Lastly, before heading back to the hotel, I spotted an antique shop next to the Protea Hotel and decided to go in. Here I had the pleasure of meeting an elder gentleman, Mr. Mervyn Mitton, who enlightened us for the rest of our afternoon. He was the owner of the shop and filled us in on the historical facts of every antique piece my colleague and I inquired about. He used to be a British soldier and has done a lot of world traveling and collected and sold a lot of military antique pieces in his years. He shared so many of his experiences with us and also brought me up to speed about some African history in South Africa and West Africa, especially Liberia where he spent some time. Check out Mr. Mitton’s antiques on his blog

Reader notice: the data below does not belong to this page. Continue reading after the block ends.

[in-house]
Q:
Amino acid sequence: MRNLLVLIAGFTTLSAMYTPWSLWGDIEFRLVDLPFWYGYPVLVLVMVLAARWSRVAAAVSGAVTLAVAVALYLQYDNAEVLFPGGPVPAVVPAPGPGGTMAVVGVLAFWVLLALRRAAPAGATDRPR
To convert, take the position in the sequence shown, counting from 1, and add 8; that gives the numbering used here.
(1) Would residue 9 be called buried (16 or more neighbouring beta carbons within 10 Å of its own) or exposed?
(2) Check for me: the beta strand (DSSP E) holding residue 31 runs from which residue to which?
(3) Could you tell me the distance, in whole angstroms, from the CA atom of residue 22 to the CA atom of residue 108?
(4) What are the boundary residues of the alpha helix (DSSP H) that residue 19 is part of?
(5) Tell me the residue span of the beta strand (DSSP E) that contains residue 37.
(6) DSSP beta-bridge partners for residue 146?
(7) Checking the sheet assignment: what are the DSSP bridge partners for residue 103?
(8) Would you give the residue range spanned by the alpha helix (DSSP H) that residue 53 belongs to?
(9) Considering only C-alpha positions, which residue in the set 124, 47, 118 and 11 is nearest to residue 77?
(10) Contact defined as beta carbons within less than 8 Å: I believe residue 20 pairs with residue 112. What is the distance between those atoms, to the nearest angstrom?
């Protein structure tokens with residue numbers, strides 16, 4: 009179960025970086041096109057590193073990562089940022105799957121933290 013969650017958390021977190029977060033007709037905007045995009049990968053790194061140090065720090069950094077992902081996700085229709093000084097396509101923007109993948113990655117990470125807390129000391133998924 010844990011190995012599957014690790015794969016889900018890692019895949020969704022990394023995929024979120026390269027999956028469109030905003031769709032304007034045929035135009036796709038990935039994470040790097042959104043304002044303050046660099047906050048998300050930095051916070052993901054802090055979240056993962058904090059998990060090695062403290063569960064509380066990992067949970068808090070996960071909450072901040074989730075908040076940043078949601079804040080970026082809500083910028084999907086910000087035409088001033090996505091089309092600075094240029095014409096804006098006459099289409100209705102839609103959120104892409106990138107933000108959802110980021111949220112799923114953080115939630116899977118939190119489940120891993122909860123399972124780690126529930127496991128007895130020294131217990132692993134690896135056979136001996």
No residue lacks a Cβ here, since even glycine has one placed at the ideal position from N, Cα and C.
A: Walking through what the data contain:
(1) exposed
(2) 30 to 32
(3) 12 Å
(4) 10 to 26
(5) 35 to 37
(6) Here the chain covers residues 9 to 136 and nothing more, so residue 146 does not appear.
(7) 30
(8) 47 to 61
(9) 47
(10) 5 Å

I ended the day with a quick run to the massive shopping mall across the street from my hotel which, by the way, has damn near everything we have in the US and UK and a quick shot of the view from the hotel pool below.
**NELSON ROLIHLAHLA MANDELA**
I want to start with these videos…
The affect of Apartheid on Cape Town, South Africa
I was introduced to Madiba through the movie “Sarafina” when I was 12 years old. When I grew older I started to do my own research on Apartheid and the significant role played by Nelson Mandela and the African National Congress. He made his stance very clear to the Apartheid government and the world and did not deter from his path. His first interview says it all…